Researchers say that while many countries have reduced the pace of their carbon emissions -- including China, pictured -- pledges made in recent years must be linked to clearer, effective actions. File Photo by Stephen Shaver/UPI | License Photo
March 3 (UPI) -- Across the globe, many of the world's biggest economies are slowly reducing their carbon footprints. Unfortunately, many developing economies are emitting more carbon today than they were five years ago.
Current rates of greenhouse gas emissions reductions won't be enough to limit global warming to less than 2 degrees Celsius.
According to a new study, published Wednesday in the journal Nature Climate Change, countries will need to boost their emissions reductions tenfold to meet the Paris Agreement's prescription for avoiding climate disaster.
Since the Paris Agreement was first drafted in 2015, 64 nations have successfully reduced their carbon emissions -- but only at a rate of 0.16 billion tons of CO2 per year.
To limit catastrophic levels of warming, climate scientists estimate annual reductions of between 1 and 2 billion tons are necessary.
"Countries' efforts to cut CO2 emissions since the Paris Agreement are starting to pay off, but actions are not large-scale enough yet and emissions are still increasing in way too many countries," lead study author Corinne Le Quéré, professor of environmental sciences at the University of East Anglia in Britain, said in a news release.
The latest accounting effort -- part of the Global Carbon Project, an effort to track emissions reductions progress -- showed lockdowns and other policies intended to slow the COVID-19 pandemic led to a 7% reduction in CO2 emissions in 2020, compared to 2019 emissions.
But the authors of the new study said the reductions measured in 2020 are unlikely to last, especially as the pandemic wanes and economies around the globe begin to rebound.
"The drop in CO2 emissions from responses to COVID-19 highlights the scale of actions and of international adherence needed to tackle climate change," Le Quéré said. "Now we need large-scale actions that are good for human health and good for the planet. It is in everyone's best interests to build back better to speed the urgent transition to clean energy."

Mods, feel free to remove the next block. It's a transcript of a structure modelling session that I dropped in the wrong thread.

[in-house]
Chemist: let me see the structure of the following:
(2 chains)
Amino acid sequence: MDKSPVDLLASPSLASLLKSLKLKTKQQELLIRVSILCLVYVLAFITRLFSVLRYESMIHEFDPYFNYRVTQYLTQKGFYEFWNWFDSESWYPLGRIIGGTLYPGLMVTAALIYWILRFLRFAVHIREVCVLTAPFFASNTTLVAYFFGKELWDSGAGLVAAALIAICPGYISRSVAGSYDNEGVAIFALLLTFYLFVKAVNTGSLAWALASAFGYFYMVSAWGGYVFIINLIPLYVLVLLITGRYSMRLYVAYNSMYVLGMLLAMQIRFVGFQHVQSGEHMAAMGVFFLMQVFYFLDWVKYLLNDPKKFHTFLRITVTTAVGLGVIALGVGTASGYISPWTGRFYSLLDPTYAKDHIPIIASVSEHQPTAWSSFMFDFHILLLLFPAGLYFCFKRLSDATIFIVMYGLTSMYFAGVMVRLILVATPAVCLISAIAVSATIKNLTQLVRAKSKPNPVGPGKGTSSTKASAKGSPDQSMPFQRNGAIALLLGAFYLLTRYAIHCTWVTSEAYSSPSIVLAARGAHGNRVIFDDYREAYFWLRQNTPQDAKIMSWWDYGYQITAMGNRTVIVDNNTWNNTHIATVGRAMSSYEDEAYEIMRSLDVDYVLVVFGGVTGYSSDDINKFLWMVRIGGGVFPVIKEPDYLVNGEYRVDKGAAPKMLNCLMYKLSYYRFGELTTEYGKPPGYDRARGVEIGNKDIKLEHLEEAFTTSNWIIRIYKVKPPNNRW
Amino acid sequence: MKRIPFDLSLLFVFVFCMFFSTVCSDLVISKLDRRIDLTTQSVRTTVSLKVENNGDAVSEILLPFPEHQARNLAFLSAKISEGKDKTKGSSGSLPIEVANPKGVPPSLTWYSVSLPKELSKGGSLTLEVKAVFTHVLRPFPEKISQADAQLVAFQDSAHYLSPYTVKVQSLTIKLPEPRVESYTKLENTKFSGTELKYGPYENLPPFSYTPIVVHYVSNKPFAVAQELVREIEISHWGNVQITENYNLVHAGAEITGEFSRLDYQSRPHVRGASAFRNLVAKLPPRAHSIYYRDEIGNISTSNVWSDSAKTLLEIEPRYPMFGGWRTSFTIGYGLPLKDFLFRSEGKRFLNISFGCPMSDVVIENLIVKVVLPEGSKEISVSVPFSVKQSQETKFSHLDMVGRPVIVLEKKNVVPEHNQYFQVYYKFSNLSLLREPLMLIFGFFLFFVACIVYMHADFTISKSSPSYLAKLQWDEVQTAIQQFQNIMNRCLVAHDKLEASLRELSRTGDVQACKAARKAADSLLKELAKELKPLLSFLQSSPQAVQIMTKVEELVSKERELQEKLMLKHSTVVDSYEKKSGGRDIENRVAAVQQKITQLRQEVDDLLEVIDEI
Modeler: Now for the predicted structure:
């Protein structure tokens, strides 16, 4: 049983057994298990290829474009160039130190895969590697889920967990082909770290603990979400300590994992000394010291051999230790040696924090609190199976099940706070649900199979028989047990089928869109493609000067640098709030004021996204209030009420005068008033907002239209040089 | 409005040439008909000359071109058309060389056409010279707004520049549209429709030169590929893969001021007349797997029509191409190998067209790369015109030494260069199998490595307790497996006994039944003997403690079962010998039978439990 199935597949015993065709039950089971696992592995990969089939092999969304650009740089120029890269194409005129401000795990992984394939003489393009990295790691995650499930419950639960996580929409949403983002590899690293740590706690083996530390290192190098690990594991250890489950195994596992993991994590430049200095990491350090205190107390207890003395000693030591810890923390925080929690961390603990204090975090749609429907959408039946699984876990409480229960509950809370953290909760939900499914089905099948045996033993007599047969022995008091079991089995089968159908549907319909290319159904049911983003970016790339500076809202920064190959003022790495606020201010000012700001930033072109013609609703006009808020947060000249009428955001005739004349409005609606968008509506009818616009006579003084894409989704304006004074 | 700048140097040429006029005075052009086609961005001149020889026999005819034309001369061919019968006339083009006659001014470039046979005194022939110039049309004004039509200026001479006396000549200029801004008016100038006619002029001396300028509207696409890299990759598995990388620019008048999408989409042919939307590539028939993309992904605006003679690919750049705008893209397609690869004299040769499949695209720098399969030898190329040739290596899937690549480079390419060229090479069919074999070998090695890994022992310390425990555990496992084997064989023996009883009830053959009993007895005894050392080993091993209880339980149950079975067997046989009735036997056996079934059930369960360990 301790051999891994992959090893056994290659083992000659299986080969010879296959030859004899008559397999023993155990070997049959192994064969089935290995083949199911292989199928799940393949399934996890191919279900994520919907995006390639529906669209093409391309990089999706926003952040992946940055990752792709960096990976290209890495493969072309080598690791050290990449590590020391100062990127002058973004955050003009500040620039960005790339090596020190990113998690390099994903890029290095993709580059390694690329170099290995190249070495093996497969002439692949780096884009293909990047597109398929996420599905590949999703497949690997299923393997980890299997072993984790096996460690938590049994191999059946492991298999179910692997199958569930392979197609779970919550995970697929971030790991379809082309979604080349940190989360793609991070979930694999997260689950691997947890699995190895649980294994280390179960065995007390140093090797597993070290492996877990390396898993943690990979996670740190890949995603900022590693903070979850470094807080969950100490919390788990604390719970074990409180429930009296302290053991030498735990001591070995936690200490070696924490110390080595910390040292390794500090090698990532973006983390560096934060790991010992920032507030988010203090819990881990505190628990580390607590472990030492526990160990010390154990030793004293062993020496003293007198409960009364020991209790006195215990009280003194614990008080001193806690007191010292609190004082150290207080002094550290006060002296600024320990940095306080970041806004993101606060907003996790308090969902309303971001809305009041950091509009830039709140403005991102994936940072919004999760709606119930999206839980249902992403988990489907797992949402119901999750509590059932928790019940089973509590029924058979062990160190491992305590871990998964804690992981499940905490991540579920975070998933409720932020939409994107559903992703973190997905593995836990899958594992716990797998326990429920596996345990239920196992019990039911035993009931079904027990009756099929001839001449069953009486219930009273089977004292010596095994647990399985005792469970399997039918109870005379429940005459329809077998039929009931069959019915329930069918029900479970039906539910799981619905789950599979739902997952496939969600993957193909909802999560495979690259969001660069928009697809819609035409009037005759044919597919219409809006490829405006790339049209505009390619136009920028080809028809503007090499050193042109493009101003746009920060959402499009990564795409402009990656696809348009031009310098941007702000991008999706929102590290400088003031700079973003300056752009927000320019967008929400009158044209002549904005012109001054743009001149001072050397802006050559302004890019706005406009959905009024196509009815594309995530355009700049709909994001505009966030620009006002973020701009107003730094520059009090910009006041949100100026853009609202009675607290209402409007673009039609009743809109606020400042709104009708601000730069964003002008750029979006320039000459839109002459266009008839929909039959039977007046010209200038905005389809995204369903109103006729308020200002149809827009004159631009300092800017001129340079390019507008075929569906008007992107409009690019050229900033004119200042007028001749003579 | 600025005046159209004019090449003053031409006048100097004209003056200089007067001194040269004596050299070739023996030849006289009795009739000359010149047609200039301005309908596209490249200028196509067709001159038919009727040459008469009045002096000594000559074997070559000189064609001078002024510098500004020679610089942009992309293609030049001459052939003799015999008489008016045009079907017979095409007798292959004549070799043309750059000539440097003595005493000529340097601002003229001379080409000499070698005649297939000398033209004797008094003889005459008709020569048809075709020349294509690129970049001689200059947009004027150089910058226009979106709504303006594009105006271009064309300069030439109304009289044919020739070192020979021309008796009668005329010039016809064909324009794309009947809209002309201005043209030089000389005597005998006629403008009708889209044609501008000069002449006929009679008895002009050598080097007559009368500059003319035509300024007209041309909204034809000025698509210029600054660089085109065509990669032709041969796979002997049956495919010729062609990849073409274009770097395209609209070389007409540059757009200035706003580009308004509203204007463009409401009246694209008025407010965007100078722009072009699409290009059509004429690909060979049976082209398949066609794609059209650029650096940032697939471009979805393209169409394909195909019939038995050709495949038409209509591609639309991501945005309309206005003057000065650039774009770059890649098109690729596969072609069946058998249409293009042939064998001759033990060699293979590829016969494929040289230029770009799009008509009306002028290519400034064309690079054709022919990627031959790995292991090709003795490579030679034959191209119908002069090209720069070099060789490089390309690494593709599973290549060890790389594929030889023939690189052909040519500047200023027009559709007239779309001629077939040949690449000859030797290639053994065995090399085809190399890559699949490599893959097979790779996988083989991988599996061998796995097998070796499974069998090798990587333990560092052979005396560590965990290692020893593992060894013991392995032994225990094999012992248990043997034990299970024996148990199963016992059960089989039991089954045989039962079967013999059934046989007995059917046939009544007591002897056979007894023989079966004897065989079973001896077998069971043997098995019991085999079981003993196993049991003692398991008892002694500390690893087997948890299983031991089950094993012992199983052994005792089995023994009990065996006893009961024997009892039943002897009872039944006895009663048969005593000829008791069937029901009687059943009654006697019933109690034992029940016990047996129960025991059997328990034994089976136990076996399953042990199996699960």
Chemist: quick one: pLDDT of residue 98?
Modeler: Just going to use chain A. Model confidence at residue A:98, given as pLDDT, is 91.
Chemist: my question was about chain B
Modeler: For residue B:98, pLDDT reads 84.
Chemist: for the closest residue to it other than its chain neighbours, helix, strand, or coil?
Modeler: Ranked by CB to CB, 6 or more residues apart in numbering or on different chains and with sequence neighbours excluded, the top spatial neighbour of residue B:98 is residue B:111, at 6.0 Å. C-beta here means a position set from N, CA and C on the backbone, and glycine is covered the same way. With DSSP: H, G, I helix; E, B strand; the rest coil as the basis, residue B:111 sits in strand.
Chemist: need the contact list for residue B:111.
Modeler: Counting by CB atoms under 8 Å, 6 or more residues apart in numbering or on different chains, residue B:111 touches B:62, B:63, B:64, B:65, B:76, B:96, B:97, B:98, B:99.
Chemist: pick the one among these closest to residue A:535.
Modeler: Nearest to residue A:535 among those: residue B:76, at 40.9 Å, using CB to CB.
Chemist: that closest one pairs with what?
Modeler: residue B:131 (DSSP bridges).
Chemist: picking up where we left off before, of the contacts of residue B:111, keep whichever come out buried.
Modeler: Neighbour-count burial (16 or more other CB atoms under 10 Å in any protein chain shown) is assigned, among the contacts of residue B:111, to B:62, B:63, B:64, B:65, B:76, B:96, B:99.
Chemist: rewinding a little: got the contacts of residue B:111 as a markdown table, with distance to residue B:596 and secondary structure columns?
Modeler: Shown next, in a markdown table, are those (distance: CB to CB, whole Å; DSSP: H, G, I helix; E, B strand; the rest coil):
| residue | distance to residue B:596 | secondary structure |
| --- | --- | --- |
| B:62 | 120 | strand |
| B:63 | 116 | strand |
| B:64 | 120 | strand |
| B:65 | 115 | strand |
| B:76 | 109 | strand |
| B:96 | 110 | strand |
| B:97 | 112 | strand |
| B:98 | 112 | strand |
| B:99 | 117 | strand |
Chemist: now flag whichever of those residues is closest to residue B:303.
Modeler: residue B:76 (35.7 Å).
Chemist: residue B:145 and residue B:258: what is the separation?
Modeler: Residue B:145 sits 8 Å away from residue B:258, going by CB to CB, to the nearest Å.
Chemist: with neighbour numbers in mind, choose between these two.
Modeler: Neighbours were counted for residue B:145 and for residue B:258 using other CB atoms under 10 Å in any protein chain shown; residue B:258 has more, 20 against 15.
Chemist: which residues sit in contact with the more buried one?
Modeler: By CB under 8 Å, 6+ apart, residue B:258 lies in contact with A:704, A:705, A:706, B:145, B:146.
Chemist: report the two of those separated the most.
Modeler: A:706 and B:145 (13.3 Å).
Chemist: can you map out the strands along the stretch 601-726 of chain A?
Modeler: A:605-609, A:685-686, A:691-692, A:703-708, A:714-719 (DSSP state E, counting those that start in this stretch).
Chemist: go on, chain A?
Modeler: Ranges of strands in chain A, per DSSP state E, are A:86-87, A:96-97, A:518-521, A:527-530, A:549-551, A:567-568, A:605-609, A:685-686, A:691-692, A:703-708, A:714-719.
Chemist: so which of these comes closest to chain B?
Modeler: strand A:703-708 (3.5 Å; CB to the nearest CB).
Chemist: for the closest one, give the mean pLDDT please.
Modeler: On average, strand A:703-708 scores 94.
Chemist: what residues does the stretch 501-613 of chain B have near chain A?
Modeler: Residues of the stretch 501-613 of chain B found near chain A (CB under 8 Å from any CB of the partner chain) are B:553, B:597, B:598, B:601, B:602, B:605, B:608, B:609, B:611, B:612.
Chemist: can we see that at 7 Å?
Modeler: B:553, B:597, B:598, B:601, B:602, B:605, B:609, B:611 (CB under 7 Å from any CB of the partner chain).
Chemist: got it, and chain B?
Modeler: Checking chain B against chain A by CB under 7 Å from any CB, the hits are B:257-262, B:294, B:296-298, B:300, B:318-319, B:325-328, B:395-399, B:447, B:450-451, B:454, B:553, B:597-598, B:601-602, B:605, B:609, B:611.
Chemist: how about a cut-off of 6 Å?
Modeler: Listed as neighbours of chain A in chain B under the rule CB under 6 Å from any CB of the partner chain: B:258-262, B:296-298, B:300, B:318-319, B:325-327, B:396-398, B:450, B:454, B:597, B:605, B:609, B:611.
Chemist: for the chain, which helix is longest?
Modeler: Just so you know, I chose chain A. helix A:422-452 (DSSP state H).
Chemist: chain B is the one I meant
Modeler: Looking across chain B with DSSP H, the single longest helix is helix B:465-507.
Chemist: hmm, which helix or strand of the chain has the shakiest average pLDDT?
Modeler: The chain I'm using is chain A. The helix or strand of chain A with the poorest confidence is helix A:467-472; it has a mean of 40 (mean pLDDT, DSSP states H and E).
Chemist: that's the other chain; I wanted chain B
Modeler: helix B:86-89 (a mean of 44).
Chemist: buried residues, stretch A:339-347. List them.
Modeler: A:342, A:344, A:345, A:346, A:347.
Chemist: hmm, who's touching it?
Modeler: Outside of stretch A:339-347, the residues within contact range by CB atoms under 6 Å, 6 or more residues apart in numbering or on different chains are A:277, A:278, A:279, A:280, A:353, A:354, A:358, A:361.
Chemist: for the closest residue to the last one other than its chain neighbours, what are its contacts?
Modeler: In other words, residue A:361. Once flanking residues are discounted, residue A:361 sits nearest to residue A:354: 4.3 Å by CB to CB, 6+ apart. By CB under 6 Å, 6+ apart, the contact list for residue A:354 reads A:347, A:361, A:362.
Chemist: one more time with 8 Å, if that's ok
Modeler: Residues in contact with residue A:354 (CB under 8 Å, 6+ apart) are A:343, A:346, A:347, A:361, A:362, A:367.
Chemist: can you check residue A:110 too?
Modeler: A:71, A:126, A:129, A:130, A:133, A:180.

Researchers found that among the 36 wealthiest countries -- nations with the highest average income -- 25 emitted less CO2 between 2016 and 2019 than they did between 2011 and 2015.
Nearly a third of the 99 upper-middle income countries reduced their emissions between 2016 and 2019.
Even nations that emitted more carbon during the years following the Paris Agreement, like China, have managed to slow the growth of their carbon footprints. Still, the progress is too slow.
Climate scientists estimate 2 degrees Celsius of warming above preindustrial averages is the threshold where warming and climate instability is likely to trigger catastrophic amounts of intolerable heat, prolonged drought, extreme weather and devastating sea level rise.
To stay below that threshold -- closer to 1.5 degrees of warming -- the world's economies must find ways to reduce their carbon emissions by 1 to 2 billion tons per year.
To do that, the authors of the latest study argue countries must start marrying their actions with their verbal commitments and investing in eco-friendly transportation and green energy production.
"Commitments alone aren't enough," said Le Quéré. "Countries need to align post-COVID incentives with climate targets this decade, based on sound science and credible implementation plans. This pressing timeline is constantly underscored by the rapid unfolding of extreme climate impacts worldwide."